Good luck, keep building, keep learning :+1:


HI All,

I would like to thank everyone for the wise words and encouragement on my problem/ issue. I am trying not to get discouraged and not give up on web development, hopefully this is just another sticking point which will be overcome with a lot more determination/ perseverance.

I was wondering if anyone has any suggestions on things that I could build to solidify the things i have learnt up till now?

If anyone has any suggestion on the things they built from the very basic upwards so i can try cement my learning i would highly appreciate it.

Kind Regards,


Have you followed all the course work on here for the first few certs? including building the projects?

1 Like

Finding an itch to scratch is one way of staying motivated with a project. Something you care about or are interested in. Even if it is just surface level, looking at something you care about is easier than some random subject given to you as an assignment.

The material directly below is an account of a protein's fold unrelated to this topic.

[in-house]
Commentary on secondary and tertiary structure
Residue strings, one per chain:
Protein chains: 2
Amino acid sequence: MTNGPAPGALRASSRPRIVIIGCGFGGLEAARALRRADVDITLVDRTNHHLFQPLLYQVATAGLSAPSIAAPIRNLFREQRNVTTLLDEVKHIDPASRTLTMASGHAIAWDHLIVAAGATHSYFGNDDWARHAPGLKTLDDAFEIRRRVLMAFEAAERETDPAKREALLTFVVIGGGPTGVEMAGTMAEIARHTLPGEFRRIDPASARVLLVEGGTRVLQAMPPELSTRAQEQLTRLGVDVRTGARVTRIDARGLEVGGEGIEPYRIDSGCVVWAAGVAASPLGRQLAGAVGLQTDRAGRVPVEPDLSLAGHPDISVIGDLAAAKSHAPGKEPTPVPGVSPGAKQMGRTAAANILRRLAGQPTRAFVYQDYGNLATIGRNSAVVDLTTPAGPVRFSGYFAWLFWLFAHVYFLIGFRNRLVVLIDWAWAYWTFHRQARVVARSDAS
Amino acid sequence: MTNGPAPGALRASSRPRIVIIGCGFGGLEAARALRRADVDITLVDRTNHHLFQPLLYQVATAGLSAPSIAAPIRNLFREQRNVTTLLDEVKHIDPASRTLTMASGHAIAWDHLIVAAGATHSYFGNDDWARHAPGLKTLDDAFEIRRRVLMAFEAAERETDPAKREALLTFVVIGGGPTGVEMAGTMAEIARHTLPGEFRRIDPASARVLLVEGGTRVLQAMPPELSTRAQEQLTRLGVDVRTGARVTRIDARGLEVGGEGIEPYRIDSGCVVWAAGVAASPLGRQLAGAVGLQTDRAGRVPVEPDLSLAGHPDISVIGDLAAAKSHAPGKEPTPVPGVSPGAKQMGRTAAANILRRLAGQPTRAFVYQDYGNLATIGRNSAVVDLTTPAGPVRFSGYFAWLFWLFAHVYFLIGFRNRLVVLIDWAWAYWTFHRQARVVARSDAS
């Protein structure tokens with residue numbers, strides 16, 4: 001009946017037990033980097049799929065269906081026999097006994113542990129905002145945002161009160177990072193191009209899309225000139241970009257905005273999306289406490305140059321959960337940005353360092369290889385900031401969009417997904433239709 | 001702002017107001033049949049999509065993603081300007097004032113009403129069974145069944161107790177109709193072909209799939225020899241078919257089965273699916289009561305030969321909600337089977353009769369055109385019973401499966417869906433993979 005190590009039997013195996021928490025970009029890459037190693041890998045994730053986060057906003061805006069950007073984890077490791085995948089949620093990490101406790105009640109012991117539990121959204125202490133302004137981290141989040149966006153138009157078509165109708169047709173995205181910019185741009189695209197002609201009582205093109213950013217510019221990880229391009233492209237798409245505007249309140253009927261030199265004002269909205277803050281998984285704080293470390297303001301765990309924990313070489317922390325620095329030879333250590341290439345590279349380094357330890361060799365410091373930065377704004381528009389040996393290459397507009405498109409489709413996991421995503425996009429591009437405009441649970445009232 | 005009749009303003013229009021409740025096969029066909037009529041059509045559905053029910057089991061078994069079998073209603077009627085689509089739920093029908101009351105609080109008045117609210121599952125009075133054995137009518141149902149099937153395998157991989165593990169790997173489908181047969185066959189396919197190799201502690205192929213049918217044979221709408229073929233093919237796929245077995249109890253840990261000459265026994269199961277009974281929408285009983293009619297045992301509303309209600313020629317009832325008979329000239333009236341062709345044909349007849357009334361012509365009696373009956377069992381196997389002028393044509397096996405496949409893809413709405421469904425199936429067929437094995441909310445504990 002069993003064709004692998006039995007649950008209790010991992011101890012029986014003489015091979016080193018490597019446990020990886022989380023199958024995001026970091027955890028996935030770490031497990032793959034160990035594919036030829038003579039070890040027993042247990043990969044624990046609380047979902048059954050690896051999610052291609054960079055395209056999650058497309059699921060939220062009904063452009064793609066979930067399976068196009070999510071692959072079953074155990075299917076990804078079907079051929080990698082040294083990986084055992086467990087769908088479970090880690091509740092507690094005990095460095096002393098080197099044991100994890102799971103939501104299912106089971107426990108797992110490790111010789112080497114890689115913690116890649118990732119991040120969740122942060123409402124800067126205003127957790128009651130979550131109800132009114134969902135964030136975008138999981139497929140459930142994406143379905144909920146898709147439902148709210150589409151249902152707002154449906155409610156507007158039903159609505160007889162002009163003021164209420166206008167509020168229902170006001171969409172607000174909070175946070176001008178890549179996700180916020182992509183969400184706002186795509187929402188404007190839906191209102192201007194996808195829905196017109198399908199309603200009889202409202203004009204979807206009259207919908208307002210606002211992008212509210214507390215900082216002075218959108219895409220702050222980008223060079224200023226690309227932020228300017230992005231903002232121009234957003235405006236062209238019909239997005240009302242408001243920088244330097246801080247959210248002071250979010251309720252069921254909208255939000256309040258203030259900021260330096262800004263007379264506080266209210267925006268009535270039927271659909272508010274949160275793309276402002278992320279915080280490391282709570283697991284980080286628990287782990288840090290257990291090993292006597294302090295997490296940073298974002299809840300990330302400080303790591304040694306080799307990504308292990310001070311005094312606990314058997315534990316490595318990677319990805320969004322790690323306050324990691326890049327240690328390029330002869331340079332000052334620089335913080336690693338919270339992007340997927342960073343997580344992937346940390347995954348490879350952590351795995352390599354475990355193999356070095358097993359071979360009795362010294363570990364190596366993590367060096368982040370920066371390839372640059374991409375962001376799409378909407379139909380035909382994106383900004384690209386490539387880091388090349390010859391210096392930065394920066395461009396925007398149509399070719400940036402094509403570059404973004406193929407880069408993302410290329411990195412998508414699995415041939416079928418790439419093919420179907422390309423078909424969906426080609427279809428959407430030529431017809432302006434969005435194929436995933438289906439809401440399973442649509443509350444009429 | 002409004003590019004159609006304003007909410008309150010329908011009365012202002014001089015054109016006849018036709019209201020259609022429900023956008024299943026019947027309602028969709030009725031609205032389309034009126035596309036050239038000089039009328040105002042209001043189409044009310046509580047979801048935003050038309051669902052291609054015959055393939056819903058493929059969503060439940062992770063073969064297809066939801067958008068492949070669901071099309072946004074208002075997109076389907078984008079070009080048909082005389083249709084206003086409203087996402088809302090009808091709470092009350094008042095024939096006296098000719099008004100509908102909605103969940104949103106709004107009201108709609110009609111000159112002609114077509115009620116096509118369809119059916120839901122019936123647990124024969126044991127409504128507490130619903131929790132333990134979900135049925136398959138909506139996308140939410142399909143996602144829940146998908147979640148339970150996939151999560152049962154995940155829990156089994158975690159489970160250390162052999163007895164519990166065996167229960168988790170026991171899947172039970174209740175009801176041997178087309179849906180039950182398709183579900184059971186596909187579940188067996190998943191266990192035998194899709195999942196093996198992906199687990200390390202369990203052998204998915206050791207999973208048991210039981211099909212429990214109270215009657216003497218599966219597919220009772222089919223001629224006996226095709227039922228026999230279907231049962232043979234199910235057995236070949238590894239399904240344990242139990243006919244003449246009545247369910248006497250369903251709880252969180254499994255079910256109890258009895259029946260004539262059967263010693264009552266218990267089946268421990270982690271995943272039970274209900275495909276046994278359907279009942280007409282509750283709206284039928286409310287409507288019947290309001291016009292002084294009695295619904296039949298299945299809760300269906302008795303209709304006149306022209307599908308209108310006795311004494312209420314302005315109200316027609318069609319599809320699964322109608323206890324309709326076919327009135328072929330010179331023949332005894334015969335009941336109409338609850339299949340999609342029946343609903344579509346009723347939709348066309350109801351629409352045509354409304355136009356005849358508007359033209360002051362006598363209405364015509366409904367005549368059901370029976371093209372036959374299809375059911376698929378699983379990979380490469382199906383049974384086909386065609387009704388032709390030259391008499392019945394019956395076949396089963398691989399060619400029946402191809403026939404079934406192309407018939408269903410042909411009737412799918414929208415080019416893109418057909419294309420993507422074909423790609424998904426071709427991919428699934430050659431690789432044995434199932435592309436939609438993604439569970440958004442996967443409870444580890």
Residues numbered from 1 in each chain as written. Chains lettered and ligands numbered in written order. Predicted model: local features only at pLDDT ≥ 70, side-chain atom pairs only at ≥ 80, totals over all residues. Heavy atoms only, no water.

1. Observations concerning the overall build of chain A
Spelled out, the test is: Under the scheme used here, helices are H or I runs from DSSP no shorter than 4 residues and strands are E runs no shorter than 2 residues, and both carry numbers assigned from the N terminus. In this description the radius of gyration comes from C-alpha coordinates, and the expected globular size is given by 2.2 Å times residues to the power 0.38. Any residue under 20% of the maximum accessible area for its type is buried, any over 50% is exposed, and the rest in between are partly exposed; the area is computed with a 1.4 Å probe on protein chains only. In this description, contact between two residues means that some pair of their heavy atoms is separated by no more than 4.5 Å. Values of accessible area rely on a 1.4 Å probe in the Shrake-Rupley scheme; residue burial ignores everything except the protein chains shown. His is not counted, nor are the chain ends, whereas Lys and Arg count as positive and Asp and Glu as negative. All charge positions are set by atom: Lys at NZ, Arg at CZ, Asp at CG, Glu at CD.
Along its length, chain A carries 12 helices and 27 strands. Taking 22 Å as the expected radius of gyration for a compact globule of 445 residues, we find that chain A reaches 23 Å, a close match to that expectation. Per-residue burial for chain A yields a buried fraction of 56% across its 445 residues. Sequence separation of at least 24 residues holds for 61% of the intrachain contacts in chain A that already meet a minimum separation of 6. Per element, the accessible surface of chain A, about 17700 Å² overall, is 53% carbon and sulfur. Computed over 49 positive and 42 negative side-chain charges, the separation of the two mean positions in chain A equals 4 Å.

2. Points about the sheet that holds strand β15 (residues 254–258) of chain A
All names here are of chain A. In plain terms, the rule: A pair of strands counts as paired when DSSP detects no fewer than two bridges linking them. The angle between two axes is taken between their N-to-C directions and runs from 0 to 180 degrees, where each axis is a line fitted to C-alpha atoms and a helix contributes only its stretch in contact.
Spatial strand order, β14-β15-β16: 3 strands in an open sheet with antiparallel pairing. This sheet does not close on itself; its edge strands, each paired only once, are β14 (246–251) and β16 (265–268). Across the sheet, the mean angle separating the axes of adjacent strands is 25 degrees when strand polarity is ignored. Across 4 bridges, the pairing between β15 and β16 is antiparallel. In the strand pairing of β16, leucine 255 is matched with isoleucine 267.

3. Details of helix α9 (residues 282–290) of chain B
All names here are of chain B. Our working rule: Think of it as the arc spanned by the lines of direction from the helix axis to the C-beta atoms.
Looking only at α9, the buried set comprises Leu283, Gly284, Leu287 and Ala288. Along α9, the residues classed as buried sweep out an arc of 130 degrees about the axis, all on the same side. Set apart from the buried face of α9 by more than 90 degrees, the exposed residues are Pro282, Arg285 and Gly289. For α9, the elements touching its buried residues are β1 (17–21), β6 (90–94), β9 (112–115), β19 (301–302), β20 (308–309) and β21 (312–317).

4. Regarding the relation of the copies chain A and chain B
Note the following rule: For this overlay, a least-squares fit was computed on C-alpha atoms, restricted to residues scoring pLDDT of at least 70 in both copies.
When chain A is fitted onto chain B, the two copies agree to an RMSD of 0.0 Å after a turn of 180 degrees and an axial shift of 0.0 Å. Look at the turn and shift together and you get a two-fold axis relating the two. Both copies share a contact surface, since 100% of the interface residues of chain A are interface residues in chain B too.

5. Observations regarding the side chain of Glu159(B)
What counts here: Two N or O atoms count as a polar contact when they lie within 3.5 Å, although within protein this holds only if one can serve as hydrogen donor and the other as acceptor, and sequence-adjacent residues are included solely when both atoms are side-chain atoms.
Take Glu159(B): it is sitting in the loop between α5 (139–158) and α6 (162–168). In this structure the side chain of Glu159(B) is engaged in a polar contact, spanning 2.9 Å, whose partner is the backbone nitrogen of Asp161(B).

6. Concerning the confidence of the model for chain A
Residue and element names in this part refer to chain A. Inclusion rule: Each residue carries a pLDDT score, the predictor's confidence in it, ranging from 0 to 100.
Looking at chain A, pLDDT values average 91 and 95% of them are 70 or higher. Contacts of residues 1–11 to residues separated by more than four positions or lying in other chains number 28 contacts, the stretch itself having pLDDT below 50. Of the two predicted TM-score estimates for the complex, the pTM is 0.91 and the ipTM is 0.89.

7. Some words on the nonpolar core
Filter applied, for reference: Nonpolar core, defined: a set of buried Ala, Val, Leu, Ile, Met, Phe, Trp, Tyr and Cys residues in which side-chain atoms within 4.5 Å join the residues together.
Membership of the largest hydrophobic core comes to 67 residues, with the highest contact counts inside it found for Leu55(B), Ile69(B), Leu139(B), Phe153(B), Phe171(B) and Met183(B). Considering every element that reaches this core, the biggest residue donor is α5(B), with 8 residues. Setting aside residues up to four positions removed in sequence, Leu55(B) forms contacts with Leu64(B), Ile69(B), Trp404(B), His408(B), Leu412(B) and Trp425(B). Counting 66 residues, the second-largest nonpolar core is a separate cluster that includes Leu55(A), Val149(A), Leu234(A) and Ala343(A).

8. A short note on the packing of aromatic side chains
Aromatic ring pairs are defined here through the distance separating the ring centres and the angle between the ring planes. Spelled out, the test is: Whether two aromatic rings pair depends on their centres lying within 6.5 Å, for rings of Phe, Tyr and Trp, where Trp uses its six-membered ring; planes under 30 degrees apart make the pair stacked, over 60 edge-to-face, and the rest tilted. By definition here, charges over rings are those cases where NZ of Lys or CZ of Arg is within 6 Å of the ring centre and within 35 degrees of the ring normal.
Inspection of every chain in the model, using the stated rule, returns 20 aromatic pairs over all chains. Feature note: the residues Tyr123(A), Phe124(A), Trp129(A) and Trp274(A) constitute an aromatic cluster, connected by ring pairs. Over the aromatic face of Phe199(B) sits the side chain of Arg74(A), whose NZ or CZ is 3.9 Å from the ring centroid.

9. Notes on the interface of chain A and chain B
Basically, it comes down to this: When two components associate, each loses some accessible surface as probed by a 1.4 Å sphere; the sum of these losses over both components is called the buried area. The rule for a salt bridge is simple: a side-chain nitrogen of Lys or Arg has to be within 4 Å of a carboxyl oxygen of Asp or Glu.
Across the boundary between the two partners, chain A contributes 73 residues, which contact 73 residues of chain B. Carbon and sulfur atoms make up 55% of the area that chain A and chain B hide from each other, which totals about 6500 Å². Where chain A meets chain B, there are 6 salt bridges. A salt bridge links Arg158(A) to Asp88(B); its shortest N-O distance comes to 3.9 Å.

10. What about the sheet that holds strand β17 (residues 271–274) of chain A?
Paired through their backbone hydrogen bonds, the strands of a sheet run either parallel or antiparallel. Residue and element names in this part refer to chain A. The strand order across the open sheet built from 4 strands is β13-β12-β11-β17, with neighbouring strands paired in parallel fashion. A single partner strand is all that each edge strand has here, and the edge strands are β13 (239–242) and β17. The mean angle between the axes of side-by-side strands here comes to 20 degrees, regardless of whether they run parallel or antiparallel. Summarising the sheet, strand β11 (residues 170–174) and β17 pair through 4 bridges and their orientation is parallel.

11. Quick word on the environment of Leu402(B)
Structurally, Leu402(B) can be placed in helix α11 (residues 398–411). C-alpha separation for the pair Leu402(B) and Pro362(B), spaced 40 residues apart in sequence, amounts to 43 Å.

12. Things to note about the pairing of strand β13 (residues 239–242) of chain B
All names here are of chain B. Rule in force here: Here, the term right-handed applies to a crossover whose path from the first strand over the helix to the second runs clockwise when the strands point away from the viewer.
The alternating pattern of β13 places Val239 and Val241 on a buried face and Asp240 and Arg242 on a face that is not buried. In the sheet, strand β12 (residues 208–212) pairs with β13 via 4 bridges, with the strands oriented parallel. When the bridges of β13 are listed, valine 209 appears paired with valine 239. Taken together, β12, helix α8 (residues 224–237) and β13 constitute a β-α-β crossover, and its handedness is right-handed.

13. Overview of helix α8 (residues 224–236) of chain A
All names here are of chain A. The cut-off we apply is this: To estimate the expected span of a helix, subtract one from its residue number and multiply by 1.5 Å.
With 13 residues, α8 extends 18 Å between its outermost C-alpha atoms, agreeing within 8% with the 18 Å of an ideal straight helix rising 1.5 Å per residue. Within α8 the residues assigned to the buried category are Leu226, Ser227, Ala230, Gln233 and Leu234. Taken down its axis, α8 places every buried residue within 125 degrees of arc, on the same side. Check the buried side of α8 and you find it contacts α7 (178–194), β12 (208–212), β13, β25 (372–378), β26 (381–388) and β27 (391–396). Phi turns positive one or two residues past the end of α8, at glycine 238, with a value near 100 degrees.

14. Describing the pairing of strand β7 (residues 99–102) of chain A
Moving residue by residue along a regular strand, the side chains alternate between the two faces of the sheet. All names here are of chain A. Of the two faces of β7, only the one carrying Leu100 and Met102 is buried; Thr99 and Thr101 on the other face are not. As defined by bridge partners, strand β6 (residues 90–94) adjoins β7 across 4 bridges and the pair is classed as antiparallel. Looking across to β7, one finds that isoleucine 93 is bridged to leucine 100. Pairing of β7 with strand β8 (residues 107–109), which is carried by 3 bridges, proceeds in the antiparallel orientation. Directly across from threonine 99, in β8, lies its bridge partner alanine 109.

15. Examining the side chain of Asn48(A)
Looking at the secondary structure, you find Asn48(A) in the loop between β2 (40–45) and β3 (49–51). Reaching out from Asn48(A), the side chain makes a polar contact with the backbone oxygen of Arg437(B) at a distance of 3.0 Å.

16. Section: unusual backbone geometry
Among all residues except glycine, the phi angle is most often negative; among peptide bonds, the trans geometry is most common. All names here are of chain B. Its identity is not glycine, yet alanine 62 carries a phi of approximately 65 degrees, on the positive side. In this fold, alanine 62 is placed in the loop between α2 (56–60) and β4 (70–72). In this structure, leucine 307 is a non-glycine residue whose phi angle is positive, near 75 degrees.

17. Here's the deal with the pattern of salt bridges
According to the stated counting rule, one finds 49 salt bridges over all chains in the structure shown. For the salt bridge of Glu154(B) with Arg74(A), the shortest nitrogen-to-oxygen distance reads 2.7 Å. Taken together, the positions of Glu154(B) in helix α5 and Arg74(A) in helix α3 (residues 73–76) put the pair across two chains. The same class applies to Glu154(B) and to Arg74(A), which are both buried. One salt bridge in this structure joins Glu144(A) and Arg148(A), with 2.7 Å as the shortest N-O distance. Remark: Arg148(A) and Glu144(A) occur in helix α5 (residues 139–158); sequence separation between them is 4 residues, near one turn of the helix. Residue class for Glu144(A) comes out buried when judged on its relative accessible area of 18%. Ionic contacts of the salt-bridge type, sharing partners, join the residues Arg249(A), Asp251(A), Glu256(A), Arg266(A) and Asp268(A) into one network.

Build a full CRUD application using a frontend framework like React as well as a REST API… e.g. a management platform of some kind.

You could build a project management app for example that includes a Kanban board, and also learn about Agile working processes while you build this. You could base this on Azure Devops or Jira.

This kind of project would be highly relevant to jobs.

Don’t waste your time with calculators, hamburger builders, tic tac toe games etc.

1 Like

I’m also looking for relevant projects to build but having a hard time deciding after doing a bunch of smaller ones. This sounds like a great idea


Obviously you will surely feel like giving up as you’re in Tutorial Hell like me in 2021. So 1st of all welcome to “Tutorial Hell” officially.

Now how to get out of it ?

  1. Head over to frontend mentor and start building projects daily basis